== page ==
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Intellectual Property

Paul D. McGrady, Jr., on the New gTLDs

ICANN is developing a framework to launch new gTLDs, and we can expect that the next twenty-four months will be a time of great change for the Internet and for brands as a result. The new gTLDs represent challenge, cost, risk and possible reward. Are you ready for the new gTLDs? In this Analysis, Paul D. McGrady discusses ICANN and gTLDs and offers his thoughts on dealing with the new gTLDs. He writes:

     The domain name system itself is a series of contracts, first between ICANN and registries (for example, the .com registry is VeriSign). The registries then contract with registrars such as GoDaddy, eNom and Network Solutions. Interestingly, the registrars have a direct contract with ICANN as well. Lastly, registrants of domain names enter into contracts with registrars, most often the "click through" variety found on the registrar's webpage. Even the informal dispute mechanism for domain names, known as the "UDRP" is itself contractual: it is "binding consensus policy," and therefore is a part of the registry and registrar agreements with ICANN. The UDRP is also a mandatory provision in every registrar's contract with every registrant. ICANN's various policies are developed through a "bottom up consensus" process, which means none of the stakeholders is ever happy with everything.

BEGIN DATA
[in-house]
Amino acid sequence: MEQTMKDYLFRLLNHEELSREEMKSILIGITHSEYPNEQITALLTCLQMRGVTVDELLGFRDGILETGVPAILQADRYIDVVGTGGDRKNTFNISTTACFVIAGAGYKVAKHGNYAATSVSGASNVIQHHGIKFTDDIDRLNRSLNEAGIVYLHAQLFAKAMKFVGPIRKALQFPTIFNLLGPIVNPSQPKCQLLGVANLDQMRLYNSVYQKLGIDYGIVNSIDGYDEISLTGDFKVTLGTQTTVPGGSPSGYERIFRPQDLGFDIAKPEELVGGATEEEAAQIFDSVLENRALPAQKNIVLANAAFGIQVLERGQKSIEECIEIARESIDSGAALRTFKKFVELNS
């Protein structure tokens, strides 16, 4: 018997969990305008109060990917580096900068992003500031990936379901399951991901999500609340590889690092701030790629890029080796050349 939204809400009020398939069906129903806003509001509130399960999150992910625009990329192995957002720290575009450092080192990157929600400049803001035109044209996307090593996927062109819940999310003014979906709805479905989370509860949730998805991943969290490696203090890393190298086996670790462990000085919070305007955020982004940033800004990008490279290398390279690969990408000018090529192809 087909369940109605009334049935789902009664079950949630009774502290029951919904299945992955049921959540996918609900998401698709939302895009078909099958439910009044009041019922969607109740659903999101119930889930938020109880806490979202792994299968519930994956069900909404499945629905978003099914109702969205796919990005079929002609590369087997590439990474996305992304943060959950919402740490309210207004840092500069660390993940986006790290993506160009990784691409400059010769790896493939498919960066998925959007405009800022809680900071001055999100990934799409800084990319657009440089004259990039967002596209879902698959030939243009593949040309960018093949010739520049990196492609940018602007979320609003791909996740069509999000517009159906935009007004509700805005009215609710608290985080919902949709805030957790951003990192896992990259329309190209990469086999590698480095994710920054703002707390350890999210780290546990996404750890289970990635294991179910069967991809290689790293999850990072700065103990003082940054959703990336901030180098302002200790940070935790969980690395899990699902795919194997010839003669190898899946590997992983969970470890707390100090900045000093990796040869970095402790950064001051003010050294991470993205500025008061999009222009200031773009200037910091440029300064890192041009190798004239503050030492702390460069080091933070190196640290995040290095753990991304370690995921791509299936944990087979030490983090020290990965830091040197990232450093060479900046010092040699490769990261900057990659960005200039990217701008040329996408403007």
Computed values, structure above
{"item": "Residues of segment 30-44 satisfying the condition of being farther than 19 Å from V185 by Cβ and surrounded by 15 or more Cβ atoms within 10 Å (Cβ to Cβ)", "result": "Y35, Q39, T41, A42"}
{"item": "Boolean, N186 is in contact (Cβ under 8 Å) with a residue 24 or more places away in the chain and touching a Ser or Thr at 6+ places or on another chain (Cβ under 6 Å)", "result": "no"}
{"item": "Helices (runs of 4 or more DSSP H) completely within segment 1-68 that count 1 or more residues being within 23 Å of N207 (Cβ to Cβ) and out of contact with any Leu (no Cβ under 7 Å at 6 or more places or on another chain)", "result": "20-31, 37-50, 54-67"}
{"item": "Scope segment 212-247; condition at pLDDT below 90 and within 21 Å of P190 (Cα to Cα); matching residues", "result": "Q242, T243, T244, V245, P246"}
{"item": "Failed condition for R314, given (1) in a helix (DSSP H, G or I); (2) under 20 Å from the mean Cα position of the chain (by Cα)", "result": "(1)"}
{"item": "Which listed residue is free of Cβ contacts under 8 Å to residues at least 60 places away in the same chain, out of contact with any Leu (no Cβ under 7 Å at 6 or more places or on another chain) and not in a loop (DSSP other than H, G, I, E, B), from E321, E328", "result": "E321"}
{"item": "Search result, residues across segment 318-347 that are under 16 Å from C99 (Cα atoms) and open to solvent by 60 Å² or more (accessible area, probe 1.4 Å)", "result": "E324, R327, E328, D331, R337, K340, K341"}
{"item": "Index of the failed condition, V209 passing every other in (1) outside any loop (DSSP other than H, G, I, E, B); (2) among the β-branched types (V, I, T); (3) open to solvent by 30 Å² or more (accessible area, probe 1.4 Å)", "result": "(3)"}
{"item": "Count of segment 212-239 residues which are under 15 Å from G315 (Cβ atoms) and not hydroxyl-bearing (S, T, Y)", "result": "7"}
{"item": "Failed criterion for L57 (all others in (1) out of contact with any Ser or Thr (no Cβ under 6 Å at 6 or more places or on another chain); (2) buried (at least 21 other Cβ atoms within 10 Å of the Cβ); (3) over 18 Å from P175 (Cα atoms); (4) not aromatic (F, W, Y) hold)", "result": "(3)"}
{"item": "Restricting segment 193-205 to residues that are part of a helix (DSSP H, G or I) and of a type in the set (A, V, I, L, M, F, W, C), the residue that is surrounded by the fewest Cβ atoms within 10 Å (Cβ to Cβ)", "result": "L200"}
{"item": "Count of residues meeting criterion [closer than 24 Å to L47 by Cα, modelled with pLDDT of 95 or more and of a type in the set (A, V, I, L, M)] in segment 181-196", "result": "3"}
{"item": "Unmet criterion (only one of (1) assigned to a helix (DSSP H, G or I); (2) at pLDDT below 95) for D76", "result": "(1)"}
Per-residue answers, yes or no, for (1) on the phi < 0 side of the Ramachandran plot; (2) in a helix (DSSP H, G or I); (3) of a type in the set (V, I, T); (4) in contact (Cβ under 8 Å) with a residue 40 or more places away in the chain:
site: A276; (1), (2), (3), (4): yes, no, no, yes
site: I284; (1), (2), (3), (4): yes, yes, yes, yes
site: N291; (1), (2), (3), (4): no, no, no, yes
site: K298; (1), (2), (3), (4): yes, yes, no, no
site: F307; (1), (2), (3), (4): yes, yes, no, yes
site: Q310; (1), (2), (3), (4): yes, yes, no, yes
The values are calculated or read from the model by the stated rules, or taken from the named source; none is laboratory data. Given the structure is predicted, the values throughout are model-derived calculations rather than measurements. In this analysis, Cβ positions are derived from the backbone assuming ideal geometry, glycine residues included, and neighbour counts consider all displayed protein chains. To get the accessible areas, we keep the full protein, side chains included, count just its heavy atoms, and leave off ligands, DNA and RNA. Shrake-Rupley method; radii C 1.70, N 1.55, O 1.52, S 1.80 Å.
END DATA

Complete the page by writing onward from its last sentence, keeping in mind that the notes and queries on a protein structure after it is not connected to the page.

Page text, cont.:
Applying for a New gTLD

     The application period for the free-for-all opens on January 12, 2012 and closes April 12, 2012. While ICANN expects to have multiple rounds, there is no date certain when that next round will open. Unlike the protections it has taken to ensure that no one applies for a gTLD consisting of ICANN's own mark, ICANN will not be taking any steps to protect your marks against a third party who may apply for a confusingly similar term. You will have to review the applications and either oppose-using an untested ICANN dispute process-or sue in the federal courts.

Watch for additional Emerging Issues Analyses in the coming weeks dealing in depth with important new gTLD topics, such as how to properly restrict a .brand registry, impact of ICANN consensus policy on new gTLD registries, and pre-application activities that every potential applicant should be considering.

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